European egg industry representatives have met the leader of the European parliament’s agriculture committee, Paolo de Castro, to discuss issues relating to laying hen welfare and trade negotiations.
Latest estimates from EUWEP, the EU association for egg packers, traders and processors, suggest that there will still be about 103m hens in the EU in conventional cages after the ban takes effect on 1 January 2012, representing 29% of the total EU flock.
The role of the European parliament has become all the more important since the start of the year as it now enjoys equal power with the agriculture council in deciding legislative change.
Should the Commission come forward with any proposals to grant a derogation to certain member states in relation to the conventional cage ban, then the European parliament would have a key say in the matter.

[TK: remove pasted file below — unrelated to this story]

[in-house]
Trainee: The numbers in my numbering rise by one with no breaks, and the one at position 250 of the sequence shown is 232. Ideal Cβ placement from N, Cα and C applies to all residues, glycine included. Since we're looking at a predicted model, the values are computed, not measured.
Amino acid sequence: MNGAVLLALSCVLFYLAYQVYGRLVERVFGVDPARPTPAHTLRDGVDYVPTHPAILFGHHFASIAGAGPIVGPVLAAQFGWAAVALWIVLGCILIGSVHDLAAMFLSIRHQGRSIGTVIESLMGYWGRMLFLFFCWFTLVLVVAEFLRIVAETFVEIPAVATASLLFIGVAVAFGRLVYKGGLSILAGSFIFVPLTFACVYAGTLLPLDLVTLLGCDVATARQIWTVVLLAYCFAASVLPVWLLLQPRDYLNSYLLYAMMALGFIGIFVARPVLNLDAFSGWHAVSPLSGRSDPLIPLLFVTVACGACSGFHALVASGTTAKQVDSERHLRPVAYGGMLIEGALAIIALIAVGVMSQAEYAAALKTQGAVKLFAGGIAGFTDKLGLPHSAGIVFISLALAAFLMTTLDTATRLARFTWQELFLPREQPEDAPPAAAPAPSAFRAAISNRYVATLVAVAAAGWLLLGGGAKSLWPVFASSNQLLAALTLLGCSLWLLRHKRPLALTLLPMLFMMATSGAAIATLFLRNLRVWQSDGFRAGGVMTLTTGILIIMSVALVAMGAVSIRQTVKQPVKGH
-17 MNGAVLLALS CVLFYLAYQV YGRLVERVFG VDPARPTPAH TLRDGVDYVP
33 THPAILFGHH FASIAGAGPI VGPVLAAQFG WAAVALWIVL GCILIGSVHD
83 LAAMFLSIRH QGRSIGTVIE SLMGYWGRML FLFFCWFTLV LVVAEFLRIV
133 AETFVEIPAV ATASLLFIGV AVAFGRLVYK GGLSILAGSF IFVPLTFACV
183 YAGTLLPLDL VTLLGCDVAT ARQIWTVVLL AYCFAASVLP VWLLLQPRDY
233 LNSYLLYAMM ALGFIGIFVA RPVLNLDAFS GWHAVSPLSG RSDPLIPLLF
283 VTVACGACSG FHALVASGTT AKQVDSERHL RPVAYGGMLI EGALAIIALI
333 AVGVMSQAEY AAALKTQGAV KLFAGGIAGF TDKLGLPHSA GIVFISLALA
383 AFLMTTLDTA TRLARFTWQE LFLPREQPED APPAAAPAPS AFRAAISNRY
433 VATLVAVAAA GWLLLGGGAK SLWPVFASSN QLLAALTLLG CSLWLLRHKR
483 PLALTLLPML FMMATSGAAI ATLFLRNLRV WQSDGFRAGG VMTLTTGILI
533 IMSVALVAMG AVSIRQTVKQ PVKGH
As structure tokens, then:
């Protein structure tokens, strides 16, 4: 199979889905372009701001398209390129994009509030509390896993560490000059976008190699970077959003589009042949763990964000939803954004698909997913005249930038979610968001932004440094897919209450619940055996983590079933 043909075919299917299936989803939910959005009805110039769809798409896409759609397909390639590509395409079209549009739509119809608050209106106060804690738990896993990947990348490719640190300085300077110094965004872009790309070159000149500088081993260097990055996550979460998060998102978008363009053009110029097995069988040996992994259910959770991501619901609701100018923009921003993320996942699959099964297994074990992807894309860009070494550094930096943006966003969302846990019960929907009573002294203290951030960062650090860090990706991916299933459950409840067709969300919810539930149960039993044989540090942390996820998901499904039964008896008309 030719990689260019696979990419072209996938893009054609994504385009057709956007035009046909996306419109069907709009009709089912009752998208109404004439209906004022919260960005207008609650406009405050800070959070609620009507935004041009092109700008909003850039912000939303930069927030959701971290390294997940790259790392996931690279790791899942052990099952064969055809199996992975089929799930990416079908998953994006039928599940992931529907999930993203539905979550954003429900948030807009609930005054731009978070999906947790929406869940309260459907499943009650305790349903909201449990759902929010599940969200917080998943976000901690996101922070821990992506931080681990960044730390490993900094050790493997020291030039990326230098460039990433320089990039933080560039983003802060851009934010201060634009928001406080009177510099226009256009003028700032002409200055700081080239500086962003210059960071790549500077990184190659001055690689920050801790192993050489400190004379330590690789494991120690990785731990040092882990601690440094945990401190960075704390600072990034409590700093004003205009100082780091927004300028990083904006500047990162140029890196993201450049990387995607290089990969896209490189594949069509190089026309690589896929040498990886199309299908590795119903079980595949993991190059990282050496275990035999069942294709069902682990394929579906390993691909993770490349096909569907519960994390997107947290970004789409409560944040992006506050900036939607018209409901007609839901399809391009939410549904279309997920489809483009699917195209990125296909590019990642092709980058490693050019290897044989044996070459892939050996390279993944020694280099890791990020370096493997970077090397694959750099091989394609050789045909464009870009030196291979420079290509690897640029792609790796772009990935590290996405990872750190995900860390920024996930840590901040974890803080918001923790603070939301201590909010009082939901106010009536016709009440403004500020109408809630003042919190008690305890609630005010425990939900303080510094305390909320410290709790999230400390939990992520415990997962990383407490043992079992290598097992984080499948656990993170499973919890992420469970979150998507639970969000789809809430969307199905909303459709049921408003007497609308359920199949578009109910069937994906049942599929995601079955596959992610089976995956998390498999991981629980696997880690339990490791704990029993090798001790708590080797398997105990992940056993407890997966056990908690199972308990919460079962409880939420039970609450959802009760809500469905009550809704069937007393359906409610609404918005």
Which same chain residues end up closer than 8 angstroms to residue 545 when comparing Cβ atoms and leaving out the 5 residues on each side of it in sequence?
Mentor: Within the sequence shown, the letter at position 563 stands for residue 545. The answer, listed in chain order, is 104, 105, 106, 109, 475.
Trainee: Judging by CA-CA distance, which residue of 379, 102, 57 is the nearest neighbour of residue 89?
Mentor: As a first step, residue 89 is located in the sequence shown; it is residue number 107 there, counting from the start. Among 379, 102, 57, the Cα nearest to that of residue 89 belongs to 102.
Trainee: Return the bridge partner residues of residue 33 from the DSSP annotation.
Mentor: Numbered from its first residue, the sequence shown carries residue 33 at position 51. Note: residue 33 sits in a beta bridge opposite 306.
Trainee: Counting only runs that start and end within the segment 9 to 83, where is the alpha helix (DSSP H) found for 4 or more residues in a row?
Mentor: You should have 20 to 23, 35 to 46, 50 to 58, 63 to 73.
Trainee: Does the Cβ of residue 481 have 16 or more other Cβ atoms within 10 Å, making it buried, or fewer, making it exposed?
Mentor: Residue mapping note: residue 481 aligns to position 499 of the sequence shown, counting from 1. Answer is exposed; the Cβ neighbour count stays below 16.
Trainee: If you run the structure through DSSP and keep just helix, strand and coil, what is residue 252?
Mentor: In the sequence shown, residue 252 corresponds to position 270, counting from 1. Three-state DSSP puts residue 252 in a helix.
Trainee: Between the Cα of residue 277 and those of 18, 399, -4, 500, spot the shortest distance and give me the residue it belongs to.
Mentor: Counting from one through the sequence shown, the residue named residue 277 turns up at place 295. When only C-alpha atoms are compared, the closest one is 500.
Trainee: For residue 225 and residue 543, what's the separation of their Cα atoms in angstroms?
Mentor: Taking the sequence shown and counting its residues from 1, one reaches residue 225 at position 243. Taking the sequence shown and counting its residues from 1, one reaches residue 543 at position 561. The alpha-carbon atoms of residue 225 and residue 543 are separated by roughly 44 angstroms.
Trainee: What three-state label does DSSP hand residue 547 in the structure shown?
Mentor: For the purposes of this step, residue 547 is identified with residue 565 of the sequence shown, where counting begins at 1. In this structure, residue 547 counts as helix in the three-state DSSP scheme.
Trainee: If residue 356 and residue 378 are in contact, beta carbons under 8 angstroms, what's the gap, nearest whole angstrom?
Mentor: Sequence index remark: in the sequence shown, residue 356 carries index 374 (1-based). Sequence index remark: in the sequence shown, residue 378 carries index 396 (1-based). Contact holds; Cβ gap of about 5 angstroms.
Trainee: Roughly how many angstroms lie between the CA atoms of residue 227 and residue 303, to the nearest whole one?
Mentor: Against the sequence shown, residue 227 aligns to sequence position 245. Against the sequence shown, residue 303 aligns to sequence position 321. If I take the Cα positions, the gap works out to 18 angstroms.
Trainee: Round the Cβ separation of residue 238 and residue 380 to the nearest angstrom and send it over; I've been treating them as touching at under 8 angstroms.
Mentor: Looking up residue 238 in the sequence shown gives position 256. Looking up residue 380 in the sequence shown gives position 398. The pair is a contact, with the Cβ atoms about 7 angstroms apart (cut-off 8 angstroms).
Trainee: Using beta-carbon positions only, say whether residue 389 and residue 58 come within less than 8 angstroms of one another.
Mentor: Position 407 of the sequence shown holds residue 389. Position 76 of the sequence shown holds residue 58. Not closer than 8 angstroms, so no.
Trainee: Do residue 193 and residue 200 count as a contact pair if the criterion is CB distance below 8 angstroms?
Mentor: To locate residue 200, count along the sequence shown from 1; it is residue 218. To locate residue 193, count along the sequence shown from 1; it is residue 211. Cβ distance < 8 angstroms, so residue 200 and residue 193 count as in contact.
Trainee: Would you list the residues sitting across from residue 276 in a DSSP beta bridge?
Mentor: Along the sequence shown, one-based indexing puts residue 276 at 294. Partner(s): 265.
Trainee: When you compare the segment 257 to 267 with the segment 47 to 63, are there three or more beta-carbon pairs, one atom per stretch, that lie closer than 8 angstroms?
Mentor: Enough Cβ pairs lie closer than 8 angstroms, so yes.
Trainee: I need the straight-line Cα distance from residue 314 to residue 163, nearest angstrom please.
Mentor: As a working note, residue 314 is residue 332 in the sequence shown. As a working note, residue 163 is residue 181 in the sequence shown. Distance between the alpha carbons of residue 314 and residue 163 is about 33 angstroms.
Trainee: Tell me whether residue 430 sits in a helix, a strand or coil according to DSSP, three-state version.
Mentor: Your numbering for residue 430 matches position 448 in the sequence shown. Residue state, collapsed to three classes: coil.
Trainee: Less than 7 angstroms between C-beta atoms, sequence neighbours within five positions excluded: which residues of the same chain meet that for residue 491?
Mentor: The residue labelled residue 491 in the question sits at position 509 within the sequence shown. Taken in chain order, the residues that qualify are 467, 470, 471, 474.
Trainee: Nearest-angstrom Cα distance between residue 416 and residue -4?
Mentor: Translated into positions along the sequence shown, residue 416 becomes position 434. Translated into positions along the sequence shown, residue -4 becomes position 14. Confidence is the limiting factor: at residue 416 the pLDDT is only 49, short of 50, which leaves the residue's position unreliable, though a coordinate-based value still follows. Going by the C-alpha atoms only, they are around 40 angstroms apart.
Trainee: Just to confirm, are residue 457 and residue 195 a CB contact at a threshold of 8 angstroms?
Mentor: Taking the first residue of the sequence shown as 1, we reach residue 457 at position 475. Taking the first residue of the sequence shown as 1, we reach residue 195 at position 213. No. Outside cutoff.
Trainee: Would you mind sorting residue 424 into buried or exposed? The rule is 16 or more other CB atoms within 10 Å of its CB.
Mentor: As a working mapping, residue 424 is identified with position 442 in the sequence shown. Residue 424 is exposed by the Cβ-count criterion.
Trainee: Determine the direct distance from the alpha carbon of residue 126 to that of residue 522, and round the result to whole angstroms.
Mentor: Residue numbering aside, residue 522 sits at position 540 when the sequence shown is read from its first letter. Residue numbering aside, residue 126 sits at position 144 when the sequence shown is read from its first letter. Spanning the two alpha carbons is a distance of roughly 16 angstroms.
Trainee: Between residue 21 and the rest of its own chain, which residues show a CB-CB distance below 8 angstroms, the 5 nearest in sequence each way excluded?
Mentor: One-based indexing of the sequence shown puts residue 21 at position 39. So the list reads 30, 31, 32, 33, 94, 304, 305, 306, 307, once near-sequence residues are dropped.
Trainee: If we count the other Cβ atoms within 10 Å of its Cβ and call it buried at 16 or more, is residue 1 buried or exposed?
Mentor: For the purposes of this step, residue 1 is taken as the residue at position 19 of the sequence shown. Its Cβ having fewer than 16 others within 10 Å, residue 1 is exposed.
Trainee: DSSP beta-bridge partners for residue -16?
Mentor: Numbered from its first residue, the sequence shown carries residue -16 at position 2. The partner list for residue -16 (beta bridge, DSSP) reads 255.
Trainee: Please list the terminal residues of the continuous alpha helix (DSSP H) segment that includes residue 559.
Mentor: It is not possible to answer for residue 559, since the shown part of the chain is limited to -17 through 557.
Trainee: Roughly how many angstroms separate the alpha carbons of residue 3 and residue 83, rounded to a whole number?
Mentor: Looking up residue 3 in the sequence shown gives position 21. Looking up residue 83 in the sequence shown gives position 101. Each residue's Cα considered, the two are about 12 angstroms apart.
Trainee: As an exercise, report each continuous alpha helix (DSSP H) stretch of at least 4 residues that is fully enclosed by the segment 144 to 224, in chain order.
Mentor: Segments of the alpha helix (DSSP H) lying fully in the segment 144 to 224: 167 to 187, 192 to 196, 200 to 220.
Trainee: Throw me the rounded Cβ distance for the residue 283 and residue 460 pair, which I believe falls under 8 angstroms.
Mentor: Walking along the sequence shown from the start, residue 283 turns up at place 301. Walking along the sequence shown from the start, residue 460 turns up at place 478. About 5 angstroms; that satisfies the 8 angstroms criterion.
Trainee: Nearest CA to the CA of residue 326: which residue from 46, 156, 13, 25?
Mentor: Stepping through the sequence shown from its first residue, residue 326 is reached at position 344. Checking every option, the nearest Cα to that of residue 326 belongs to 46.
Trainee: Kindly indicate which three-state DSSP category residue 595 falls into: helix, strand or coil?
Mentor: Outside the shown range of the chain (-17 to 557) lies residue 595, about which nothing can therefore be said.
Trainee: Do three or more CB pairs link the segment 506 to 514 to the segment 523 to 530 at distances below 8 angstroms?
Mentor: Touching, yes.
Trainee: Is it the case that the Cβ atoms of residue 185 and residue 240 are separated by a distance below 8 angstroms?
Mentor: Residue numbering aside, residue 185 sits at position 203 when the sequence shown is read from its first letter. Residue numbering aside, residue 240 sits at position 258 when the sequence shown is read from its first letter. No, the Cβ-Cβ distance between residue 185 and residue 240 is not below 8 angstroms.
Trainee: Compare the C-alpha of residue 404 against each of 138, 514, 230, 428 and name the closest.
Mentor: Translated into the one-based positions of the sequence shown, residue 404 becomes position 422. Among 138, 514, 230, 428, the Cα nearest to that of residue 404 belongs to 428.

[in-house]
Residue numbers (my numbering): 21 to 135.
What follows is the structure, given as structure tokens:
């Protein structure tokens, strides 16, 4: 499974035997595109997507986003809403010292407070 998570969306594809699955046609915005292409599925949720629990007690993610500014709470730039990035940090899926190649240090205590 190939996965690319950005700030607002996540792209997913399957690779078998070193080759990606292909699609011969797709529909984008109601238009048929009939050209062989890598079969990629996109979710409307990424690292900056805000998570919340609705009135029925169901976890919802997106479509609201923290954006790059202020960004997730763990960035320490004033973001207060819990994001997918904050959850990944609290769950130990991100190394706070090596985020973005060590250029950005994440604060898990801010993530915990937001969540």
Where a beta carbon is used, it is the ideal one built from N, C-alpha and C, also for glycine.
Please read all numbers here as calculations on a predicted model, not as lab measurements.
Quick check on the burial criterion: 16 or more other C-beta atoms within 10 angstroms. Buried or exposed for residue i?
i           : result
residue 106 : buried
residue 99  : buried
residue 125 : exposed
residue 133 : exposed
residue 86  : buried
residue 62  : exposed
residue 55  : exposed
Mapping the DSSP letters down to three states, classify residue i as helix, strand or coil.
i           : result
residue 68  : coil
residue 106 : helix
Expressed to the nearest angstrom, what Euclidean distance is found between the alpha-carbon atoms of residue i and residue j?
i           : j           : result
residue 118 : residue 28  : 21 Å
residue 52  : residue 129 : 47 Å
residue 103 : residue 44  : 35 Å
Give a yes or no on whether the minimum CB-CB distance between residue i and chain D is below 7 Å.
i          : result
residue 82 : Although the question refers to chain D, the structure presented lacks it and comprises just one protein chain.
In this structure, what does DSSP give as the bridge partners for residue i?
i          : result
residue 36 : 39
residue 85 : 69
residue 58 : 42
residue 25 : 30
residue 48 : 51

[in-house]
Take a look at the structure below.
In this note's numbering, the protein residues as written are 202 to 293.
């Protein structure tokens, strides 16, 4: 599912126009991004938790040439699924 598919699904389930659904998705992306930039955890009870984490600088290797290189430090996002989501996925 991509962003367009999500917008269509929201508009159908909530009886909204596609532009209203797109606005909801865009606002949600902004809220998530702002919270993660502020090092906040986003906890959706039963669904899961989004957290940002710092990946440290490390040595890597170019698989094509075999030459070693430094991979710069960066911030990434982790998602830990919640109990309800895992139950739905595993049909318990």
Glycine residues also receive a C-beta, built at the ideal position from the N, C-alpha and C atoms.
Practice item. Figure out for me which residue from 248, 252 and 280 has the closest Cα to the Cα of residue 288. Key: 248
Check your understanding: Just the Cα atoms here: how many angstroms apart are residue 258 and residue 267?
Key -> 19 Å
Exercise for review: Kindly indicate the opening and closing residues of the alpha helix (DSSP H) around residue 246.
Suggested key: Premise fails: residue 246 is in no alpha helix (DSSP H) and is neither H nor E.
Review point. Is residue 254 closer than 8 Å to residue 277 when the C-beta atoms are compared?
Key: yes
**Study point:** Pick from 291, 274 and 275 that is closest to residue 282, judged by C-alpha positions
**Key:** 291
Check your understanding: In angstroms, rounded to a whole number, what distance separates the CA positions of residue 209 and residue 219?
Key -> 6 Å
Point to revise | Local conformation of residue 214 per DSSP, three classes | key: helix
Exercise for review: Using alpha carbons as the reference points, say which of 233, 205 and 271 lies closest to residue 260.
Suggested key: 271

“We were keen to let Mr de Castro know the facts,” said Mark Williams, secretary-general of EUWEP. “The problem is not going to go away and the EU Commission will have to come up with something. It will not allow almost 30% of the egg industry to become illegal overnight.”
The European parliament voted overwhelmingly in favour of the Directive to ban conventional cages when it was adopted in 1999, and Mr Williams believed it would oppose any attempt to delay implementation now.